Palestinians blame 'hilltop youth' for school arson

Water pipes melted and burst, saving whole building from burning; IDF: Clear escalation in settler violence.

By
October 21, 2010 04:39
3 minute read.
Settlers throwing rocks at Palestinians.

settlers throwing rocks 311. (photo credit: Btselem)

Vandals set fire to a storage room in a West Bank Palestinian girls school early Wednesday morning and scrawled a Hebrew message on a nearby wall: “Greetings from the hilltops.”

Palestinians have accused a group of young settlers, known as the Hilltop Youth, of setting the fire to the room, which had been stacked with furniture.

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The whole building could have been burned, but luckily the blaze caused plastic water pipes to melt in the room, said Zachary Fabda, a Palestinian field worker for Rabbis for Human Rights who later in the day visited the school in As-Sawiya, near Nablus in the Samaria region.

The water extinguished the fire; when the school staff arrived, they found an open gate and the burnt out room, said Fabda.

Palestinians believe the settlers managed to enter and leave the village before dawn without anyone noticing. Later in the day female pupils staged a small protest outside their school in which they held up a sign which stated, “No fear, No tear, We stay on our land.”

This was the second arson attack this month allegedly perpetuated by settlers. Two weeks ago vandals entered the Palestinian village of Beit Fajar in the Gush Etzion Region and set fire to a mosque and to copies of the Koran. The blaze damaged the mosque but did not destroy it.

The vandals also scrawled Hebrew graffiti on the mosque wall which stated “Revenge” and “Price Tag.”

Extremist settlers have in the last few years instituted a “price tag” policy in which they damage Palestinian property to protest actions by Israeli Security Forces or Palestinian attacks against Jews. Rabbis for Human Rights has called on settler rabbis to take a firm stand against such violence.

The Civil Administration said it had received reports of Wednesday’s arson attack on the school.

Its officials met with Palestinian representatives following the incident. “The area is currently calm,” a security source told The Jerusalem Post on Wednesday afternoon.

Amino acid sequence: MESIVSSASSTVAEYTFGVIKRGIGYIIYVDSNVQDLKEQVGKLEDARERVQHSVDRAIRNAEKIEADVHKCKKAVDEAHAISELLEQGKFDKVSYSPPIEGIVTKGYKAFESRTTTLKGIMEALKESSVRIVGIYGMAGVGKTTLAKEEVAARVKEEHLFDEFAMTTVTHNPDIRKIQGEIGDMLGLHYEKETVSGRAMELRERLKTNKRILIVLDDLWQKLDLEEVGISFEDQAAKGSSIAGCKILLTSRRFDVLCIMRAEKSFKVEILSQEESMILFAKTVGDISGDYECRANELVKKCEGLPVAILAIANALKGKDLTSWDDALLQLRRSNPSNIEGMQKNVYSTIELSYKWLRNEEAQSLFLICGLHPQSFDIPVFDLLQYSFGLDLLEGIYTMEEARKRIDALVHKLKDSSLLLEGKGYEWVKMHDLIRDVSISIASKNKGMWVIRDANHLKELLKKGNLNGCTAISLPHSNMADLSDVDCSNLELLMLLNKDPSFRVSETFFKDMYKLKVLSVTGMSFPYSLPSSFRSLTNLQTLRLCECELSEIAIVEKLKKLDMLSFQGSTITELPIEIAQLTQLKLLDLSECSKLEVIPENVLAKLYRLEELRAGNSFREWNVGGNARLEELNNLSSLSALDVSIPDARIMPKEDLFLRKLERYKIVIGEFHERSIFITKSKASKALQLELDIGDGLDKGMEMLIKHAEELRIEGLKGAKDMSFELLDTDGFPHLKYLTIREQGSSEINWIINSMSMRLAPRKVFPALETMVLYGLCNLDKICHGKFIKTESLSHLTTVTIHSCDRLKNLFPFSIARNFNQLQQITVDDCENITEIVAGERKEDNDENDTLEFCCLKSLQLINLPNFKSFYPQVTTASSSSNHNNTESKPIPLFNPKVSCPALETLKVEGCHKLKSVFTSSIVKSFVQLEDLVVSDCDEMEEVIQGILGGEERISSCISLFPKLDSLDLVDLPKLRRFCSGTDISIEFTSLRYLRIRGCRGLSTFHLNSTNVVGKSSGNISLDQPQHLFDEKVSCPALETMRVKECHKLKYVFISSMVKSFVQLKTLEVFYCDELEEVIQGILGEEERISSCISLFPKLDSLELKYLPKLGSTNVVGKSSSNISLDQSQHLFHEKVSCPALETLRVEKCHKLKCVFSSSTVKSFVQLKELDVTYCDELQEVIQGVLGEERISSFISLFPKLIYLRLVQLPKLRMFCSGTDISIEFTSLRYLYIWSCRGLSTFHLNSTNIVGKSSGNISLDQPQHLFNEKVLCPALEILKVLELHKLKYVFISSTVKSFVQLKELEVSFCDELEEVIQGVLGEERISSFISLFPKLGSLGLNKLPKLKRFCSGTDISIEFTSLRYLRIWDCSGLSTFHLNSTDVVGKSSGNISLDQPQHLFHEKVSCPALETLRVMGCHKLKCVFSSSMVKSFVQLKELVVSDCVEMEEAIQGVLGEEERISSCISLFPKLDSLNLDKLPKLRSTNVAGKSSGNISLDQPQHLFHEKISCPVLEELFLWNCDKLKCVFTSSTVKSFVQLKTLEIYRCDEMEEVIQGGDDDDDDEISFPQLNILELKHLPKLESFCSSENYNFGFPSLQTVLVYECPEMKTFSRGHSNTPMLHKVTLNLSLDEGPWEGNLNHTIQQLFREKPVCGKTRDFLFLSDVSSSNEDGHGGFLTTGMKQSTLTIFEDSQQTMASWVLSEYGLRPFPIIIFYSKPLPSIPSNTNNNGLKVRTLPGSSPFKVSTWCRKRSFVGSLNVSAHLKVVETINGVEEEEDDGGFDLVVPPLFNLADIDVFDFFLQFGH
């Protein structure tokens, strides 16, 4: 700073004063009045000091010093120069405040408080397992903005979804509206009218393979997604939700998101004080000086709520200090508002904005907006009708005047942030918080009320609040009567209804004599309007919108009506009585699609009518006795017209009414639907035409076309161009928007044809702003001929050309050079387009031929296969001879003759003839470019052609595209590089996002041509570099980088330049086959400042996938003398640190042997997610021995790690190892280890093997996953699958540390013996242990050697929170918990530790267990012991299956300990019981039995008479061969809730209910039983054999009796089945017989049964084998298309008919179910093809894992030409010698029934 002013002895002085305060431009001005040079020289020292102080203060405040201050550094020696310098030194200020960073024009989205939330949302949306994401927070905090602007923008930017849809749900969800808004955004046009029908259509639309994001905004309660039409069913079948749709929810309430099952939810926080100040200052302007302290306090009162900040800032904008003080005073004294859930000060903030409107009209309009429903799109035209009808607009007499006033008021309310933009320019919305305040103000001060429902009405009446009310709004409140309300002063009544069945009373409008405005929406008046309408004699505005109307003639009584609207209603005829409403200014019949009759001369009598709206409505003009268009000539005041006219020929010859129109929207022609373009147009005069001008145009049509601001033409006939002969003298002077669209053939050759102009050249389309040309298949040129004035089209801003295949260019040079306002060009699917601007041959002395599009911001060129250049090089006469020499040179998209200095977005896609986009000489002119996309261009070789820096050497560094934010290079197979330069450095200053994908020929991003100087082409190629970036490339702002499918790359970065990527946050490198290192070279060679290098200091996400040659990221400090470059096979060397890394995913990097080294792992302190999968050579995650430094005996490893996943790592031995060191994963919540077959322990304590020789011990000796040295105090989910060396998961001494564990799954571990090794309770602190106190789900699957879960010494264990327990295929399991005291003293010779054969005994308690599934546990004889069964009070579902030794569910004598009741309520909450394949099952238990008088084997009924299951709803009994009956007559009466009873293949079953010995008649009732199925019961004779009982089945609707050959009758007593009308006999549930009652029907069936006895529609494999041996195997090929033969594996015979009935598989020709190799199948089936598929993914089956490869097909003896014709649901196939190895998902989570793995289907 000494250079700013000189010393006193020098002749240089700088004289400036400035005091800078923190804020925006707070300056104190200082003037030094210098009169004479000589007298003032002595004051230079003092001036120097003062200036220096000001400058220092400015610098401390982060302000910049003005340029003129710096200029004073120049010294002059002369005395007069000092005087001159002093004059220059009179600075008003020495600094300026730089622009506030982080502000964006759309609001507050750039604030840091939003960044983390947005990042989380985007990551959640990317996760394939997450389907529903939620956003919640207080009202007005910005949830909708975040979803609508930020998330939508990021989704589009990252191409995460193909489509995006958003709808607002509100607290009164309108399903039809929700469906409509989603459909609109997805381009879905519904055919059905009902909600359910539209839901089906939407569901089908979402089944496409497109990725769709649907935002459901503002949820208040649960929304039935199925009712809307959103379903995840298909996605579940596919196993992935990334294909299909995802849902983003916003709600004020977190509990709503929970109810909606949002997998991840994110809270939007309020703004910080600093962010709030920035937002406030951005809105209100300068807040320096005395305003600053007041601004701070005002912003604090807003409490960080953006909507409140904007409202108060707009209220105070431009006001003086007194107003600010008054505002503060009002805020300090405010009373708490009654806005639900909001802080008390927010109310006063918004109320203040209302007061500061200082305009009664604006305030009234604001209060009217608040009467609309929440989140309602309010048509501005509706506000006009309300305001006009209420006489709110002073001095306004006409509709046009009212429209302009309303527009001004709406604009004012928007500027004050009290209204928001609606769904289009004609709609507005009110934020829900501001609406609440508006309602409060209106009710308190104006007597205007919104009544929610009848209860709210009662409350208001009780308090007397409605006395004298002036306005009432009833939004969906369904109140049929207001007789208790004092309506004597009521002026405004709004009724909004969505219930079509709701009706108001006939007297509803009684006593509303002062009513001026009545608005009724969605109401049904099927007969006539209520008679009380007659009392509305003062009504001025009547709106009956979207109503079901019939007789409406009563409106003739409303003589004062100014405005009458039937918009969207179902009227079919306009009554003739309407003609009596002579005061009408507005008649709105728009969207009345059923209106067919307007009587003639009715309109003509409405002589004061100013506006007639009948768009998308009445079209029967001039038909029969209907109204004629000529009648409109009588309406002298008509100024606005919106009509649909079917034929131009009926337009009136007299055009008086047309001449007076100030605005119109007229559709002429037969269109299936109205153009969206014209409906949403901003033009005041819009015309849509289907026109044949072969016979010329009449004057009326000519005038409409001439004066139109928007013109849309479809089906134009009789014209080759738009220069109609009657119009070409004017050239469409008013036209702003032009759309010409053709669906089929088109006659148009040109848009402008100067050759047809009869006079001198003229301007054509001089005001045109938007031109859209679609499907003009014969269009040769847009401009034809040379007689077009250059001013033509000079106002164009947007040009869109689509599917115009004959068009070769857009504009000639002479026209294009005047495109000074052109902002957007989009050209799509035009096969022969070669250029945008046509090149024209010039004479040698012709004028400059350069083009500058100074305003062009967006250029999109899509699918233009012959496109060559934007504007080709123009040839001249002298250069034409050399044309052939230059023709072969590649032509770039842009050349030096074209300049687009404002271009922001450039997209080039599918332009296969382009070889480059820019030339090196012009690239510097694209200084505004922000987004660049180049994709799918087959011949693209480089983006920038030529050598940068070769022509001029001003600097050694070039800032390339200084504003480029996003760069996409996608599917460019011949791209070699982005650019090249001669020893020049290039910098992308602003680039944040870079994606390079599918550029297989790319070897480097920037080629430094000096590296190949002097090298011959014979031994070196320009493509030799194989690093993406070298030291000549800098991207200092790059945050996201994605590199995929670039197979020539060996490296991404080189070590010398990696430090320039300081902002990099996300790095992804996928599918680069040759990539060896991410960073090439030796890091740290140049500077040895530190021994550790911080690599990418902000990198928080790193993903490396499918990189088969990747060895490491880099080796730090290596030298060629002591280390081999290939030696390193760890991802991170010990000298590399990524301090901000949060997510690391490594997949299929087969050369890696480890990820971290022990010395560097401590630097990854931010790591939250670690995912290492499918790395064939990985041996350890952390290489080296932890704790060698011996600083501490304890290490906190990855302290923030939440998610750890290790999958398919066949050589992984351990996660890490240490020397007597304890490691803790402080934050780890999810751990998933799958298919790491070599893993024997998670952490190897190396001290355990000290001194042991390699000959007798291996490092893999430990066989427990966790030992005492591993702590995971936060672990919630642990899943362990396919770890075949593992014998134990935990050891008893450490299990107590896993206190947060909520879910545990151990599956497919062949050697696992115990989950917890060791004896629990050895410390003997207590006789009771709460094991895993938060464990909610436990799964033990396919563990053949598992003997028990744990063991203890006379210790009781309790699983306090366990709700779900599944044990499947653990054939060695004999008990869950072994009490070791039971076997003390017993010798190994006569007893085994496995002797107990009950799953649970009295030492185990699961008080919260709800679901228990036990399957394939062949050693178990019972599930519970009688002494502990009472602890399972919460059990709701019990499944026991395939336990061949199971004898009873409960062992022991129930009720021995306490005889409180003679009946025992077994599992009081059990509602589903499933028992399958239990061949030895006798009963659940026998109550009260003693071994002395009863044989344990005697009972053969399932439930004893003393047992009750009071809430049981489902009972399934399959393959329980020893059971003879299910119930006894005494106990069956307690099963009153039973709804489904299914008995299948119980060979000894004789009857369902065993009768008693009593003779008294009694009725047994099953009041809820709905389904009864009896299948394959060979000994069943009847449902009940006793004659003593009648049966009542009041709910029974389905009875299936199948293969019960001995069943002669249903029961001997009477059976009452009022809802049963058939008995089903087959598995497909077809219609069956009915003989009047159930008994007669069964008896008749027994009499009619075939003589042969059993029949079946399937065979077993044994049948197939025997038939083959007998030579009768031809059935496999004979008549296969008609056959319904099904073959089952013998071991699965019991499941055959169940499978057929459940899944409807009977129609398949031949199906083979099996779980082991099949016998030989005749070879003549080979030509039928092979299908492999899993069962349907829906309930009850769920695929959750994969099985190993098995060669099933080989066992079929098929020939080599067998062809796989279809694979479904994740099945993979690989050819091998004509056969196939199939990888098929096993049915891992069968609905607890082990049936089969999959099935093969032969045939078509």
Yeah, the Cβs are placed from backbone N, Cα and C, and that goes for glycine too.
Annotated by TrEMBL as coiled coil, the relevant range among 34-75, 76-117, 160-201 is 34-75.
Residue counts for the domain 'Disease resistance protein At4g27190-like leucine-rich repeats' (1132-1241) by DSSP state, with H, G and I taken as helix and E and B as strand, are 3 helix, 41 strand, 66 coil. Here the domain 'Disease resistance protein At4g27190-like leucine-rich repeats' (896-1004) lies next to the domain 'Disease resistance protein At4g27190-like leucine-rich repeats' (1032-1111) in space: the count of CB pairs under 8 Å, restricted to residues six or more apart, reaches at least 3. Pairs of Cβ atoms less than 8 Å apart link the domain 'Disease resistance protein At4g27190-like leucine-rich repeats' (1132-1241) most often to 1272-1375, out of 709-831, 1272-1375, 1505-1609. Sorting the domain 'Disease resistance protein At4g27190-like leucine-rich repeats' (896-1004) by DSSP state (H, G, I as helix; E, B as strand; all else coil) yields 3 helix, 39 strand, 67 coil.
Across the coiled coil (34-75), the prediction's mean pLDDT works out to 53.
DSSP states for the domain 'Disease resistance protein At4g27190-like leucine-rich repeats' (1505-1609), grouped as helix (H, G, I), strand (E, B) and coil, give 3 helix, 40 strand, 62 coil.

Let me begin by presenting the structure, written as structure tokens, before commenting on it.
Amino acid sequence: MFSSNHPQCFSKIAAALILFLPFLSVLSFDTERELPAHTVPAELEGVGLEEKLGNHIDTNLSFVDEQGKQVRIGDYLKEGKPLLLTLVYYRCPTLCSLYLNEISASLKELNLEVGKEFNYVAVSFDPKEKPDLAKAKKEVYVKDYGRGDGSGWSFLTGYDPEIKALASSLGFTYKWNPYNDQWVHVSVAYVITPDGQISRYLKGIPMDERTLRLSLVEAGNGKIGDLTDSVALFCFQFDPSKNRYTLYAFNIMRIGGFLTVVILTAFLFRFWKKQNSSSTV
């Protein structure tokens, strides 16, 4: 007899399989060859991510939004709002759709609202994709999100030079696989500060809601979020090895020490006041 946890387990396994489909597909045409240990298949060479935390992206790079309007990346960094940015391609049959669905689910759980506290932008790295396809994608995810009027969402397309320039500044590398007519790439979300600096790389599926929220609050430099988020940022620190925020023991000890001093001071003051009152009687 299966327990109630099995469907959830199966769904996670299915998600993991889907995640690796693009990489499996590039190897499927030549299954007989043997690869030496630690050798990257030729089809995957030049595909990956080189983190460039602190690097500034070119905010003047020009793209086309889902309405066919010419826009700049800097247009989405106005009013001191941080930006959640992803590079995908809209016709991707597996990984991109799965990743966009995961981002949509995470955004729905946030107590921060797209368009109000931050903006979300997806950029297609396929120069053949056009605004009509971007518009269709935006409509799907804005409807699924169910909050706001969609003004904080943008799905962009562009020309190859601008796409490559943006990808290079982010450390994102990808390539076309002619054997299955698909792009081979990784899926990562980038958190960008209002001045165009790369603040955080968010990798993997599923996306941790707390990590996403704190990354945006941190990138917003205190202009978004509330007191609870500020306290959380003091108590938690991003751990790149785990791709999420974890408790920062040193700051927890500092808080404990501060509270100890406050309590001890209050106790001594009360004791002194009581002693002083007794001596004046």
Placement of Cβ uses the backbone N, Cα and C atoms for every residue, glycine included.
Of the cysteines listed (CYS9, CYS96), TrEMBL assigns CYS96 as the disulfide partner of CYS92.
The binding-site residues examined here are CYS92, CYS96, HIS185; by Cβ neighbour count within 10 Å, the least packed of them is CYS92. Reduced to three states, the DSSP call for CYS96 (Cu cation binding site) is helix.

The Judea and Samaria police could not be reached for comment.

Senior IDF officers in the Central Command warned of the growing escalation in anti-Palestinian violence.

The arson attack on the school, they said, stood out since it was not carried out in ostensible response to IDF action against the settlers.

At about the same time as the arson attack, the IDF demolished several structures built illegally in an outpost near the settlement of Bat Ayin in the Gush Etzion settlement bloc, but IDF officers said that since the demolitions happened at the same time the arson attack was likely not an act of revenge.

One of the structures housed a family with a small child. The family was awakened in the middle of the night to find that border police had surrounded their home.

On Wednesday settlers, with the help of the organization Women in Green, began to rebuild the outpost.

“There has been a clear escalation in recent months in the level of settler violence against Palestinians,” a senior IDF officer said on Wednesday.

Defense officials have said that the current olive harvest season is the most violent in years and has been marred by suspicions that hundreds of trees have been vandalized by settler youth throughout the West Bank. Some of the trees were cut down and others were poisoned.

In one case, last week, IDF troops captured two settlers near the settlement of Talmon who had come from Kiryat Arba and were caught with sacks full of olives which they had allegedly picked from Palestinian groves. After being brought to court, the settlers were released, however, since the IDF could not prove that the olives in the sacks actually came from the trees in the grove where they were apprehended.


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